Thursday, May 20, 2010

Being American in Paris...

Let me just tell you, the French have it pretty good.  The climate is almost identical to Portland's, so the same things you'd see in Portland's farmers markets this time of the year are cropping up here.  The slight difference is that not only is the produce from France considered local, but also products coming from Spain, Morocco, Italy and Portugal (think California for us). 
The biggest, brightest strawberries, fava beans, haricot vert, snap peas, green and white asparagus, beets (almost always roasted), carrots, arugula, mache.
And then there's the way the French are able to buy meat.  Whole animals, with organs, head and feet.  Intact and impeccable.  You can look at the fowl or rabbit or lamb and see what it is!  It came as such a revelation to me that this could be a way of life.  It got me so excited, but also a little sad because I know I'll go home, and when I go to the market and buy meat it will already be cut up and packaged for me.  I won't have the option to use the kidneys, liver and lungs, the brain and heart.  I mean, I bought a rabbit that still had an esophagus!!  I never even knew what an esophagus looked like.  Now, I know that most people don't really want to know what one looks like, but that's what I'm talking about.  That's what makes me so sad.  Where we live we're so far removed from where our food comes from that hardly anyone even knows what internal organs look like.  And what makes me really sad is that it's happening in Europe too.  Huge chain stores are becoming increasingly popular.  Packaged convenience foods are becoming the norm, even desirable to busy families.  And European kids are becoming accustomed to foods loaded with unpronounceable and increasingly long ingredient lists.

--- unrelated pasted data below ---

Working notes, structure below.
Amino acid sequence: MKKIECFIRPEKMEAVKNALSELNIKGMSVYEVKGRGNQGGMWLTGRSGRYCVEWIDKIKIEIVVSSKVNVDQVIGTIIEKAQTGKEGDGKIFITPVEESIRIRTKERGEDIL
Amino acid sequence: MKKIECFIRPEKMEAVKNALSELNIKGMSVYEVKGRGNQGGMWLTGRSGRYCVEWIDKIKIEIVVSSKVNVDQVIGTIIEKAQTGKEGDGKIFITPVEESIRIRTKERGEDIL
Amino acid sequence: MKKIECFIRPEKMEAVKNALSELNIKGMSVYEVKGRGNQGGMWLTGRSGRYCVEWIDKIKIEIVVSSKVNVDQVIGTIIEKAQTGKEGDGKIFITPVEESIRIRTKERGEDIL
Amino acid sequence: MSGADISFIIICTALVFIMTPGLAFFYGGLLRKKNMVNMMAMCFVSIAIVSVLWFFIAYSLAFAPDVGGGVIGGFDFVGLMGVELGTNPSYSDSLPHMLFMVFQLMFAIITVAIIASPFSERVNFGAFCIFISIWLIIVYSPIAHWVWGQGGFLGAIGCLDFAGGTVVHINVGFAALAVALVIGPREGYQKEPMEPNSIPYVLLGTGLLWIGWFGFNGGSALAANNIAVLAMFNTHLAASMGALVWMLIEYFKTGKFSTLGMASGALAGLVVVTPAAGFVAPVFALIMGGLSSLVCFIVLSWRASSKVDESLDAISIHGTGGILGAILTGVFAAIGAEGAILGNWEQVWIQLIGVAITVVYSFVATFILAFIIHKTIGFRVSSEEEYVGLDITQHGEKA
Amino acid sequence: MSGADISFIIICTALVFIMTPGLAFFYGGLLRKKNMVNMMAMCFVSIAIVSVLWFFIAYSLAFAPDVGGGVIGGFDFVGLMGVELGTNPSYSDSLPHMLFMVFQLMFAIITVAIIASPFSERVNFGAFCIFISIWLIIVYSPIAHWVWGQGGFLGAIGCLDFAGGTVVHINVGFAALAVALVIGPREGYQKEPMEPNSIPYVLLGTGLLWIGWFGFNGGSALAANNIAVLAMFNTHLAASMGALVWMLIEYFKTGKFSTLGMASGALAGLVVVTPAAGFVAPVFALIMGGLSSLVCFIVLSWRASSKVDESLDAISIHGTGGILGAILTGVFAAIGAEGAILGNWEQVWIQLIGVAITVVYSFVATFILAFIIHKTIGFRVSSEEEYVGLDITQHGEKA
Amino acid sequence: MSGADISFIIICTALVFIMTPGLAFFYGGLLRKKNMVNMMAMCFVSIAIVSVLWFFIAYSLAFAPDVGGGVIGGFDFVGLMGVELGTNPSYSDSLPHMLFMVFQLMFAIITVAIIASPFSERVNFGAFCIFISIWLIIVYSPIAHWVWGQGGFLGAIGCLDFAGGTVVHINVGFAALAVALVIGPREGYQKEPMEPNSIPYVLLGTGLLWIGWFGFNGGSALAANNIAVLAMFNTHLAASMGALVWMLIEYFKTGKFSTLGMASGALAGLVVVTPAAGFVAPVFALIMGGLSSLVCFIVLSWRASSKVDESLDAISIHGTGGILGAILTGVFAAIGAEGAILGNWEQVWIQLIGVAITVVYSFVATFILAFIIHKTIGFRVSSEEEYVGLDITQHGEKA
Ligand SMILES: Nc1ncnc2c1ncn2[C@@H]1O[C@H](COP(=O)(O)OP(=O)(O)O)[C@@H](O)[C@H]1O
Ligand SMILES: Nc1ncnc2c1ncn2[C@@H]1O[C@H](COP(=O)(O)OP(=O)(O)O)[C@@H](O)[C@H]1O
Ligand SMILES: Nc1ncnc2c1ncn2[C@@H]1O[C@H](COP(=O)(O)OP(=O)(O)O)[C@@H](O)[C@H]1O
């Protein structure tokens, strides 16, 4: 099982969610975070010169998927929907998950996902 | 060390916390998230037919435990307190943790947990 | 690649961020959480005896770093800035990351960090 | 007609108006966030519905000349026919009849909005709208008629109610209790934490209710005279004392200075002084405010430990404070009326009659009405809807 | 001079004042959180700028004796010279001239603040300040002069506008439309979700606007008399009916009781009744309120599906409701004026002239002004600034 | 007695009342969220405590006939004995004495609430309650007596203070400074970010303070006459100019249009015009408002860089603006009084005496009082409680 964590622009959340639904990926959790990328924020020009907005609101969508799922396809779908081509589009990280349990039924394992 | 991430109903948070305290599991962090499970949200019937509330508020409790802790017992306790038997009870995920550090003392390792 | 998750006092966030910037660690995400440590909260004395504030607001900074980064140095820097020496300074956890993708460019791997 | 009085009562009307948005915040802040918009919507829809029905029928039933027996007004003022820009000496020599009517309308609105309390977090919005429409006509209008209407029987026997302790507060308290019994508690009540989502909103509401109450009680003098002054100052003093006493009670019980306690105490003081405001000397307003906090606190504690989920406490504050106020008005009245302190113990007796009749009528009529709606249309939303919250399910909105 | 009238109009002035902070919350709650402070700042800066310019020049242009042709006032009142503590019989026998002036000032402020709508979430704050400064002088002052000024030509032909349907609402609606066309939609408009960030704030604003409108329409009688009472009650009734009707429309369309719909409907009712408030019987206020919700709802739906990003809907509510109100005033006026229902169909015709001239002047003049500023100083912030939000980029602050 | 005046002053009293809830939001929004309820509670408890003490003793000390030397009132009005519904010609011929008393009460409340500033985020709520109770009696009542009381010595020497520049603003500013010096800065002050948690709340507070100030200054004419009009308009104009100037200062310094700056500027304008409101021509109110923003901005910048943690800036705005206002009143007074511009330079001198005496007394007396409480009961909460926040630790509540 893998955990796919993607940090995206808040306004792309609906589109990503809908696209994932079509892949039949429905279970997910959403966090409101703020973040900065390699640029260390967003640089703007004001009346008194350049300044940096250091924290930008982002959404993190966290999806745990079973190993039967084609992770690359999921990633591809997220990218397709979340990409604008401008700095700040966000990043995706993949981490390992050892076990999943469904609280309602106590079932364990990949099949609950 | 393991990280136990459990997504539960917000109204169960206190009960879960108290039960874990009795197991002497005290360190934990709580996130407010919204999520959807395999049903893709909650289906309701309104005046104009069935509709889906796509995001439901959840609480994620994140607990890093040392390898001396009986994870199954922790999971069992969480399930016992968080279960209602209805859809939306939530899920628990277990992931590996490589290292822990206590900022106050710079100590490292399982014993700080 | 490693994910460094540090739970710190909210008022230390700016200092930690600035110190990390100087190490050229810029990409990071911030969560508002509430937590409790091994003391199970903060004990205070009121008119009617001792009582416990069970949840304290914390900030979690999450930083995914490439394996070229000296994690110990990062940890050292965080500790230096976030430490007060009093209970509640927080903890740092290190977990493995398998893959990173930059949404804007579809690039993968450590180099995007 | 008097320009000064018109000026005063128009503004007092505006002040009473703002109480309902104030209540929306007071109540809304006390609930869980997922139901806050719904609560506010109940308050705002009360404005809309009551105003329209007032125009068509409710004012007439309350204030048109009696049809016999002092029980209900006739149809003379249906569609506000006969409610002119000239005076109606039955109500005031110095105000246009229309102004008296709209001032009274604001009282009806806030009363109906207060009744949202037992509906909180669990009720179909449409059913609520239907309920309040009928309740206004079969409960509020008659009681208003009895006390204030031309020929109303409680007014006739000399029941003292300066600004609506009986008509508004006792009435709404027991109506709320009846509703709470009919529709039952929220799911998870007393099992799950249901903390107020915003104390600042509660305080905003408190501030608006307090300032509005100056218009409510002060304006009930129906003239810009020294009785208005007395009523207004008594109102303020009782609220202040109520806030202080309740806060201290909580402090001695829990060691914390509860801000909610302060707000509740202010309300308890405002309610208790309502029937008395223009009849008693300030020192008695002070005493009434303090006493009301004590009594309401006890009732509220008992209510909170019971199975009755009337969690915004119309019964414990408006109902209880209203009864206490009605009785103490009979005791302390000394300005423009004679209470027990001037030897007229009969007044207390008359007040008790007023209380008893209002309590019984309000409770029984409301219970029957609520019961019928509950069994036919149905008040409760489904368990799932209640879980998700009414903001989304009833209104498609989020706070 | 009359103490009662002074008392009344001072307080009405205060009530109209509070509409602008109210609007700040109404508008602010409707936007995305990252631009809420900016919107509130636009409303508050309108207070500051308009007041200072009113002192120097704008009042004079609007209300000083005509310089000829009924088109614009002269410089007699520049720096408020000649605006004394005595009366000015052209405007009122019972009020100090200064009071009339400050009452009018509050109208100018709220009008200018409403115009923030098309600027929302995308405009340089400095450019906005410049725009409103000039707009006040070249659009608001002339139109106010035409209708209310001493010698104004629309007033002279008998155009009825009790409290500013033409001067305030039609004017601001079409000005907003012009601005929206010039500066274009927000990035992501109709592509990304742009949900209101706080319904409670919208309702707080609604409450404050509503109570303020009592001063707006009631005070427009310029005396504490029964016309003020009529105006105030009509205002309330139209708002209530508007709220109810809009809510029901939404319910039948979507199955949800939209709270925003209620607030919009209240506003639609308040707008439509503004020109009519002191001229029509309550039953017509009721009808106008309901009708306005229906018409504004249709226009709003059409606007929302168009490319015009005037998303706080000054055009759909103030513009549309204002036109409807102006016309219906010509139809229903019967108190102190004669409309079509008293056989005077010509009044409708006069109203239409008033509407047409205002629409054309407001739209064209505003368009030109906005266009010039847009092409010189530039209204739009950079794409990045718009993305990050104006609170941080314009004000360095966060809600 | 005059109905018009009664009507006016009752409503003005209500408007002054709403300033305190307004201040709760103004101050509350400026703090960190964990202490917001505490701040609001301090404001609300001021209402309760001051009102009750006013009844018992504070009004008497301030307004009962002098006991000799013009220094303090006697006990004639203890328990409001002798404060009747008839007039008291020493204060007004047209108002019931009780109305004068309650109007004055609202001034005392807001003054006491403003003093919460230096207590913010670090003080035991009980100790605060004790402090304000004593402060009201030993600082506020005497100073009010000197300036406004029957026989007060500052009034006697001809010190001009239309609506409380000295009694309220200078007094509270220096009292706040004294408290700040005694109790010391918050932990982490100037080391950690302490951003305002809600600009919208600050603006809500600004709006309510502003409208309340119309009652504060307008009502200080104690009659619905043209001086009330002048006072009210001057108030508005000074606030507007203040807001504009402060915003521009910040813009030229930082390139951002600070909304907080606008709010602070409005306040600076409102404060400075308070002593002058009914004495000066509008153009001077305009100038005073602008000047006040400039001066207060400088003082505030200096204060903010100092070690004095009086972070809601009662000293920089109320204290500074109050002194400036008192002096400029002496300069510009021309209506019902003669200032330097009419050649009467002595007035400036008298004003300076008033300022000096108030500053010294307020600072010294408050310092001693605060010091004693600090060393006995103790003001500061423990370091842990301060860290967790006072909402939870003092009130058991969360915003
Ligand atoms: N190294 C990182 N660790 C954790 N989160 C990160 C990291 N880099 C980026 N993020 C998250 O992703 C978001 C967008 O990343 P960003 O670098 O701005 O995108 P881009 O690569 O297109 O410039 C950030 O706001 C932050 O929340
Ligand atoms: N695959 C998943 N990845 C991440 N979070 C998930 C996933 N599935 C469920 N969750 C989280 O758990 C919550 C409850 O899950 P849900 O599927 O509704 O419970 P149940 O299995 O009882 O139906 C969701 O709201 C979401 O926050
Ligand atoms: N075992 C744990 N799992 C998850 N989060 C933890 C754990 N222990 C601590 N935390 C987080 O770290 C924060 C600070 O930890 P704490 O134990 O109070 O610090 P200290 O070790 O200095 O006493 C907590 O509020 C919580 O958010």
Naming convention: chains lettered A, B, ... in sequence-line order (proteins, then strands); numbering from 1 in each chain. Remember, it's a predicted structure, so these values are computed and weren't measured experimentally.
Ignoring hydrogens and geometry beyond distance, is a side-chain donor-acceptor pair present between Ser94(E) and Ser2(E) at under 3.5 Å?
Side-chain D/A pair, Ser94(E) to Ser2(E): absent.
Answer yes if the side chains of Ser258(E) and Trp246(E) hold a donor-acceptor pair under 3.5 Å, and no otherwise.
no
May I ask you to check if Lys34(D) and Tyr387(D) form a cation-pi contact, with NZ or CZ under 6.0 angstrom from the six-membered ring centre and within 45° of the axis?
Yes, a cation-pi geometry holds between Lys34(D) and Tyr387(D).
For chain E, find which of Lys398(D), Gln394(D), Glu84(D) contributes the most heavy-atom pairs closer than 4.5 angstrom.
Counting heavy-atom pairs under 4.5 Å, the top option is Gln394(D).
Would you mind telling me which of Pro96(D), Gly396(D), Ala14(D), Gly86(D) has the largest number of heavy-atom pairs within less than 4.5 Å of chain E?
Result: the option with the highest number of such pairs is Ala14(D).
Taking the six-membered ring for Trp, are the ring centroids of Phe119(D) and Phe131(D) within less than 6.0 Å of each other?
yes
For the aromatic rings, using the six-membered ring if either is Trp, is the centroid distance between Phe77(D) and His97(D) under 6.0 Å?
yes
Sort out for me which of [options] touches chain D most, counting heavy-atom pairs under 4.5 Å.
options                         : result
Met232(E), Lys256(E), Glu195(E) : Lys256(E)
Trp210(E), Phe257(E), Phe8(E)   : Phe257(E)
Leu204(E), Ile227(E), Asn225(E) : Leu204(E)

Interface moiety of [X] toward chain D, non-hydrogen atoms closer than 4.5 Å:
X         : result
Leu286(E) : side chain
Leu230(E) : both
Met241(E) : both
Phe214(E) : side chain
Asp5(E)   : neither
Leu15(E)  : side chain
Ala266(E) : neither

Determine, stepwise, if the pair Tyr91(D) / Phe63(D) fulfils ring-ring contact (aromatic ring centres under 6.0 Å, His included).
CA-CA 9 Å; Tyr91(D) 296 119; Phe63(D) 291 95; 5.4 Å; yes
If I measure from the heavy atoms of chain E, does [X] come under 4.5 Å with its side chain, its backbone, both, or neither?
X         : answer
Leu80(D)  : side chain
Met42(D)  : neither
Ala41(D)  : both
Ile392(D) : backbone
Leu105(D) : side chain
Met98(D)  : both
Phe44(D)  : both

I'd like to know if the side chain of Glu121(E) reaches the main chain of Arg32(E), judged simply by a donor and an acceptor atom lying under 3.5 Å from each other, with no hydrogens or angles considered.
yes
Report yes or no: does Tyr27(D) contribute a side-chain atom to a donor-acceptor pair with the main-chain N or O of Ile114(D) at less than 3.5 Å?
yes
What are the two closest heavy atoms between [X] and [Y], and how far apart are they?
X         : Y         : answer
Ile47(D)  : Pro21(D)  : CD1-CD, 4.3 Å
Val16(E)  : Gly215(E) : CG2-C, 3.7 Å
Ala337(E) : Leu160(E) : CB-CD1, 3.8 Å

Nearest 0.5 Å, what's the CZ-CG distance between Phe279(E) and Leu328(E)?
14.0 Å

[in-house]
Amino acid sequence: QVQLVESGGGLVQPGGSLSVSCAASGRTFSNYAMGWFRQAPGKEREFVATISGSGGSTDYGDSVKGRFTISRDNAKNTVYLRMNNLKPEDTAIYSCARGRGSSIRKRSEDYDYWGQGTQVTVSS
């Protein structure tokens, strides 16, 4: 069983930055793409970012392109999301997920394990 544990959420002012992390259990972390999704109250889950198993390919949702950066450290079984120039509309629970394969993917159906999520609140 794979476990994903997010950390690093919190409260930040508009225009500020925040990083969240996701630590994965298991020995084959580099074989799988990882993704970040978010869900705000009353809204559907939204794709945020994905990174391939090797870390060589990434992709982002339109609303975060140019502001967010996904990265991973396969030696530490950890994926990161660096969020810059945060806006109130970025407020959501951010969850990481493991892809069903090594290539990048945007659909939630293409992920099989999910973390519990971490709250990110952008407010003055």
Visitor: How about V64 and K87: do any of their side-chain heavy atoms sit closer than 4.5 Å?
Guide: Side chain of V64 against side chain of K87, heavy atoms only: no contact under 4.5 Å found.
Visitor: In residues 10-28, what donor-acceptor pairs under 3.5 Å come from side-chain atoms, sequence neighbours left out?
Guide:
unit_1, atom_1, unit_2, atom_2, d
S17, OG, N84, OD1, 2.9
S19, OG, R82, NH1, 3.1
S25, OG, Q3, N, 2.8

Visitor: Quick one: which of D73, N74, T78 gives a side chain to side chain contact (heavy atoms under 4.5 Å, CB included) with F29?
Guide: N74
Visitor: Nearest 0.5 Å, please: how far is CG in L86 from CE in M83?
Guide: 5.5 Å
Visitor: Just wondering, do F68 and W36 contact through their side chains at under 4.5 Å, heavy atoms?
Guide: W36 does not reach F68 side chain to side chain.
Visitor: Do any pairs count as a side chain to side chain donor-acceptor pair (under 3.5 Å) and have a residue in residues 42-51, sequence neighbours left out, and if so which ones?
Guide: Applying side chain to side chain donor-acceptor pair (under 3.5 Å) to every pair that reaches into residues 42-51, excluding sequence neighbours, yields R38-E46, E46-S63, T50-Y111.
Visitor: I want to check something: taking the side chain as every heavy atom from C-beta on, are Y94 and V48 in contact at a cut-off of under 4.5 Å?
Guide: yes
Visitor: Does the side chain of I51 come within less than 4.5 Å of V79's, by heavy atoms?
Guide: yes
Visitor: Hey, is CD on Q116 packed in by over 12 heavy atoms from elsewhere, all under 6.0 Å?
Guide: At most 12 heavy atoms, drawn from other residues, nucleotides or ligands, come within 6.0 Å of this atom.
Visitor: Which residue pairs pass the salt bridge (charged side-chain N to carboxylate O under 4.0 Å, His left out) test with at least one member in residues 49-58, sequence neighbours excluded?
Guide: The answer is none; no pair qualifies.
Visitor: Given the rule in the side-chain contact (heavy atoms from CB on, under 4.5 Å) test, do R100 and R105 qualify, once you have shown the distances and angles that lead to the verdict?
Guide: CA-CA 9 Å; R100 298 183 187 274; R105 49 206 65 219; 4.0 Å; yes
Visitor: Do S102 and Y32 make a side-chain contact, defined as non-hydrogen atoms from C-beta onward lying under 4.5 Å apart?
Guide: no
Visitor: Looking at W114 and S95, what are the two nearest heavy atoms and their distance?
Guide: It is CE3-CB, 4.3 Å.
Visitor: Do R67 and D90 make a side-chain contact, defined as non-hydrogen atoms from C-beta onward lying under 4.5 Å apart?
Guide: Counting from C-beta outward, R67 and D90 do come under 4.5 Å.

I've been staying with my aunt, and I know she's going to read this.  I don't want her to think this is me criticizing the way she does things in her house.  It's not.  She's just as busy as anybody, with two ravenous boys and a really picky husband to feed.  She's doing the best she can, and I appreciate her letting me into her home for a few weeks, feeding me, taking care of me when I needed her to, and putting up with me during a hard time in my life.
I just want people to think about their food, and how it connects them to their communities.  I want France to really be what we all imagine it to be:  a mecca for foodies that isn't trying to be, because it already is.
French People!!  You have the earth's bounty at your fingertips!  Taste it!